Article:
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Fame: Getting It

Article from Making Music, April 1987

A quick guide to self-awareness, and some tips on extending your fame beyond 15 minutes

Struggling, aspiring? Why bother, you may already be famous. Jon Lewin thinks we should all treat our own musical history with a bit more respect.

"Before Glasshopper even find Radder Of Success, ret arone make first lung, Glasshopper needs must stagger brindry about in darkness and obsculity for many years."

WHEN YOU'RE an unknown musician putting a band together, perhaps for the first time, actually 'making it' seems just a few weeks away. Two or three gigs, bung down a demo, contract by the end of the month, Top Of The Pops by Christmas. Ha. Ha ha.

Empirical evidence (Making Music's own) suggests it takes an inexperienced band or performer an absolute minimum of 18 months to sort out line-up, songs, and attitude, to a point where they are capable of convincing both record companies and the general public. Take the Sex Pistols: it took them two years, three guitarists, and Midge Ure refusing to be their singer before they got their act together. And Deep Purple? Their first line-up (in 1968, would you believe?) was made up of musicians who had all been playing in pro or semi-pro bands for years — Blackmore was already something of a legend by then.

Making Music receives between 10 and 20 demos every week, which leaves us with a constant backlog of 300-400 unheard tapes. Then think of all those players who haven't got round to recording anything yet; there is an awful lot of music being made by (mainly) unrecognised semi-pro musicians, performers waiting for recognition.

For many, the prospect of fame (aka virtually unlimited income, public adulation, and as much sensory satisfaction as money can buy), is the only guiding light in the wilderness of poorly paid gigs and expensive demo studios. Artistic satisfaction is all very well, but it's generally far less satisfying if nobody ever hears your art.

But what you probably don't realise is that your fame has started already. As Copey says elsewhere in this issue, it's good to have a sense of your own history, and now is the time for you to start capitalising on that. Obviously, since you're in the middle of having it at the moment, it's difficult to get any real perspective on what's happening to you. So let's think about someone else.

"But what you probably don't realise is that your fame has started already."

This singer up in Oxford, Paul, starts a band with a guitarist from Cheltenham, called Brian. They advertise, and find a bassist, whose name is Tom. They get a pianist called Ben, and a drummer called Robin. Then Brian leaves for another band, and Paul goes off to sing cover versions in a cinema on Saturday nights. Undeterred, Tom brings in a mate called Terry to take over vocals, and asks this bloke his girlfriend had seen playing acoustic in the College canteen if he'd like to play guitar, even though he'd never played in a band before, and his Kay semi-acoustic had a neck so warped that he had to put a capo halfway up the neck to make it playable. This line-up, going by the name The Roosters, played fourteen gigs, got discouraged by their lack of success, and packed it in.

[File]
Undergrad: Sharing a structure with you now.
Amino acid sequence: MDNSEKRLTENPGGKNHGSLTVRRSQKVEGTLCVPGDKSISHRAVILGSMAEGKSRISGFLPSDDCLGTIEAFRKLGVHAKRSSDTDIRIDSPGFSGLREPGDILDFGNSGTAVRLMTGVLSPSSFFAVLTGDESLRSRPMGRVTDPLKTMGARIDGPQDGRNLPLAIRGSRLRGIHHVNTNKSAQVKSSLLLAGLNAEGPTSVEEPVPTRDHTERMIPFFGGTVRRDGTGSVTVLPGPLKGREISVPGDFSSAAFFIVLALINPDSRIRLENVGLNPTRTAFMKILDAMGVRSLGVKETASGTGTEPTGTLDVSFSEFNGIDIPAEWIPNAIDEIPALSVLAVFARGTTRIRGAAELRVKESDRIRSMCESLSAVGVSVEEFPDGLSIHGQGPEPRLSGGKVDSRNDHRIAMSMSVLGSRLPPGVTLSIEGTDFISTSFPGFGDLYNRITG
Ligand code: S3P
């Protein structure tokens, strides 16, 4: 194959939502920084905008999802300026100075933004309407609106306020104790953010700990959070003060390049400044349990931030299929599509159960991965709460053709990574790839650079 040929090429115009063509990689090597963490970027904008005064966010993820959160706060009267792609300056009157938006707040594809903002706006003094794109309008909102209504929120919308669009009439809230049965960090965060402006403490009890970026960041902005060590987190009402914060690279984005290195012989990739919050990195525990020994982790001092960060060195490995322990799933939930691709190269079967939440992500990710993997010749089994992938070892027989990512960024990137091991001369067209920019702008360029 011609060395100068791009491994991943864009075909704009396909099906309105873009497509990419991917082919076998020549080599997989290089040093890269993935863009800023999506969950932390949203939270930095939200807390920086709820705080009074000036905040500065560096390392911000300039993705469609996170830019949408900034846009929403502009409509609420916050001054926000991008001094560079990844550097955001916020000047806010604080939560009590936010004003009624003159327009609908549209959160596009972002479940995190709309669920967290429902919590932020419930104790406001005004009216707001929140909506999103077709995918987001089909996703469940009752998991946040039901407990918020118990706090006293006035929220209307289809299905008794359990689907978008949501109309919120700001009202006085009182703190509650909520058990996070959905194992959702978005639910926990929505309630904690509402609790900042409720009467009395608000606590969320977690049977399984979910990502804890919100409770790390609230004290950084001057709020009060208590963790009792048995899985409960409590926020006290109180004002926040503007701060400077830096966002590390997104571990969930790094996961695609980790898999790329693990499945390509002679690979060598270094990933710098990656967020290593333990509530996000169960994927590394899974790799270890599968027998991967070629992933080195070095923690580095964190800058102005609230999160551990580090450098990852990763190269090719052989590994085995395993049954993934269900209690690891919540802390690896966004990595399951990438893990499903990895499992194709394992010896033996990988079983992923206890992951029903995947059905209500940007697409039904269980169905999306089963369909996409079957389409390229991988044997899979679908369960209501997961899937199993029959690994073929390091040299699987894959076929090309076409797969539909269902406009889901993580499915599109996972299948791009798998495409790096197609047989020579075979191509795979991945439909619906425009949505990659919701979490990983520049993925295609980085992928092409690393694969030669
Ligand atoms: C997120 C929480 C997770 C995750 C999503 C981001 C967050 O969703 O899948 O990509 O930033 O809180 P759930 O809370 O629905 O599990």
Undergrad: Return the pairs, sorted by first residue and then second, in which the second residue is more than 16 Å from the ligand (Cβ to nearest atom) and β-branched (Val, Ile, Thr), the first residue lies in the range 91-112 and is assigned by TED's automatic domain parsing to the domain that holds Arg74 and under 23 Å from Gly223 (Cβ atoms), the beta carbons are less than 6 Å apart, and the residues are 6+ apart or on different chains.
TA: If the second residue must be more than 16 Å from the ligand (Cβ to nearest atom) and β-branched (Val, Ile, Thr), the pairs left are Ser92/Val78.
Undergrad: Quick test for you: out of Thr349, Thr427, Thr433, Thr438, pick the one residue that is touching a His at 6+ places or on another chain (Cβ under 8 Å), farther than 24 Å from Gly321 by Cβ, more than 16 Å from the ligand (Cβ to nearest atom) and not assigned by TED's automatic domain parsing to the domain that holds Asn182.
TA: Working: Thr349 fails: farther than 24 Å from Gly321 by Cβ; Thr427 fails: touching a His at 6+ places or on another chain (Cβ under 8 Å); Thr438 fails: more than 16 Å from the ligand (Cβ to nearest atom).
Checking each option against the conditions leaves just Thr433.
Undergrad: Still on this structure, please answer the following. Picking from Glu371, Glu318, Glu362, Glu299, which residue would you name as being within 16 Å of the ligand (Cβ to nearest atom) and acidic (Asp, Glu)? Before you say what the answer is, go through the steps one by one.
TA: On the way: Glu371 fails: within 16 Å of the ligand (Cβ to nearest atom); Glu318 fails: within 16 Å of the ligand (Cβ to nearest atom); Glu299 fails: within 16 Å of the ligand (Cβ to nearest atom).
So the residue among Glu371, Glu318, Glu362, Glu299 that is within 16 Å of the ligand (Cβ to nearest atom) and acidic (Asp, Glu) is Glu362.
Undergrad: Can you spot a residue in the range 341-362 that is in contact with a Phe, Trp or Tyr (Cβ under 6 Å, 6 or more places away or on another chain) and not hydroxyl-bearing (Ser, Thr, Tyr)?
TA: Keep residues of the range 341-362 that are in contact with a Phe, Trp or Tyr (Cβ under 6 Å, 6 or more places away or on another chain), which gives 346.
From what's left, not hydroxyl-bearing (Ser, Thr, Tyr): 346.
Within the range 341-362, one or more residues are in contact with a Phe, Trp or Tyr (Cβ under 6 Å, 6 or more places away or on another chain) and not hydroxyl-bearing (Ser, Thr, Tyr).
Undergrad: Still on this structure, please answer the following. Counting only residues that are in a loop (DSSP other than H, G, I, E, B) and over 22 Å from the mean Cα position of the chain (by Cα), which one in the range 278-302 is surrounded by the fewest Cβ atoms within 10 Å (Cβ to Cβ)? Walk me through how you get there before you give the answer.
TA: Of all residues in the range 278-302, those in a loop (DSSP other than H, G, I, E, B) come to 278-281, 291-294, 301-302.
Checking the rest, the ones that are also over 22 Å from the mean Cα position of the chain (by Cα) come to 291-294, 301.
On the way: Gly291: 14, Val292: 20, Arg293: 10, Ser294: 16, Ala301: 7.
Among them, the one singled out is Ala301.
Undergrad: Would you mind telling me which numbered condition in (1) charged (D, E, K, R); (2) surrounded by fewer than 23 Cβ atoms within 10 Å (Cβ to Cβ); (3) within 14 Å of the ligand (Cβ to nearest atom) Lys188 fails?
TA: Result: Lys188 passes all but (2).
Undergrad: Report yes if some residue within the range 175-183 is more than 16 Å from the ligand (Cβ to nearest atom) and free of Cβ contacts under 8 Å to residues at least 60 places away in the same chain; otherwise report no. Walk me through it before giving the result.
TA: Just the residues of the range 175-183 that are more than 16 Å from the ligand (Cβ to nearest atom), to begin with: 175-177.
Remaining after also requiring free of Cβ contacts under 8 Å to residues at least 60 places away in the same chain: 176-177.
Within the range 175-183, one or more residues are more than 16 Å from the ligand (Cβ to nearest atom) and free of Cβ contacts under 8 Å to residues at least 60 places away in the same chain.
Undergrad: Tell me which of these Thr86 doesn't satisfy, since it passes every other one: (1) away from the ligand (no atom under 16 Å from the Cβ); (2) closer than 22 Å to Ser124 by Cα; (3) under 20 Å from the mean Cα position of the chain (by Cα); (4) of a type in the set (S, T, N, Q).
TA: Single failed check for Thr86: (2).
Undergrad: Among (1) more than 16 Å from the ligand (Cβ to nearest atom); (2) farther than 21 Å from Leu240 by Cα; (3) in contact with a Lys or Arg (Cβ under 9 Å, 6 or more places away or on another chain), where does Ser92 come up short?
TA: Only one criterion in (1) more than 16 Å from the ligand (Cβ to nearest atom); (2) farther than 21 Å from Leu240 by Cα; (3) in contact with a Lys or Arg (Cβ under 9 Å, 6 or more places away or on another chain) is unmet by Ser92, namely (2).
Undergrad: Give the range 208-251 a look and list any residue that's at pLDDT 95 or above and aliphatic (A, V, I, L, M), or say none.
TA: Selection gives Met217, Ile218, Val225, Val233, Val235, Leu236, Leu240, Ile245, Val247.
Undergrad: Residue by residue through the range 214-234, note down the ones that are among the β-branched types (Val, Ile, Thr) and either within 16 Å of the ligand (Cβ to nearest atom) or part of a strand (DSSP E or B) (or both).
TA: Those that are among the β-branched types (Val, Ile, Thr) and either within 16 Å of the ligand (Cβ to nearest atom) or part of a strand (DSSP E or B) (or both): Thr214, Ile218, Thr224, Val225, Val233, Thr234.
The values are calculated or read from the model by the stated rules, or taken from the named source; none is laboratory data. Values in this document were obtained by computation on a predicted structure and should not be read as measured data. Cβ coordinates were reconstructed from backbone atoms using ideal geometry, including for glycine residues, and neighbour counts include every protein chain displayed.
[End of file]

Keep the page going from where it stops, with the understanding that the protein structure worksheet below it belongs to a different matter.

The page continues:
Tom and the bloke from the canteen next get a job backing the singer from Cass & The Casanovas in another band. They lasted seven or eight gigs, and then packed it in in disgust. Tom went off to play bass with a pro band, while Canteen Man gets asked to play with this newish group who were playing the hip music of the moment. They rode the crest of that particular wave for a couple of years, making a live album and a handful of unsuccessful singles on their way up, until our bloke got fed up with their new material and left the group the week they had their first hit. He went to stay with Ben from The Roosters in Oxford.

But he didn't give up. He got a phone call from this eccentric singer called John, asking him to go back to London to play guitar for him. So he did, and the band went on tour for about four months, and everything was going well, with our hero actually being quite... heroic. And then suddenly, he ups and leaves this promising sinecure, and pisses off to Greece for two months with a bunch of mates, calling themselves The Glands. It took them so long to get there, the bassist had to leave to go back straight away; they played one venue, got paid nothing, and ended up losing half their gear when they had to flee the country. And when he got back to London, he had the nerve to ring up and ask for his old job back. And he got it. And he got second billing to the singer on the LP they subsequently recorded, 'John Mayall's Blues-breakers, with Eric Clapton', it said. And that was over 20 years ago.

The point I'm trying to make is that you're already doing what Clapton did in the early sixties — even if you yourself are never going to be a Paul Jones, or Brian Jones, or Tom McGuinness, or John Mayall, you're still going to be part of somebody's rock heritage. Where would Clapton be now without the support of friends and sidemen like Ben Palmer, Terry Brennan, and Robin Mason from The Roosters? Would he still have a Kay with a warped neck, now gathering dust under his bed?

Cultivate your sense of history: keep a diary, take lots of photographs, get your friends to take pictures of you on stage. Record rehearsals, gigs, anything. Keep a record. If you don't make it, think of the nostalgic value of your archive. And if you do get there, and it turns out you're documenting your own history, just think how grateful your biographer will be.

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Publisher: Making Music - Track Record Publishing Ltd, Nexus Media Ltd.

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Making Music - Apr 1987

Feature by Jon Lewin

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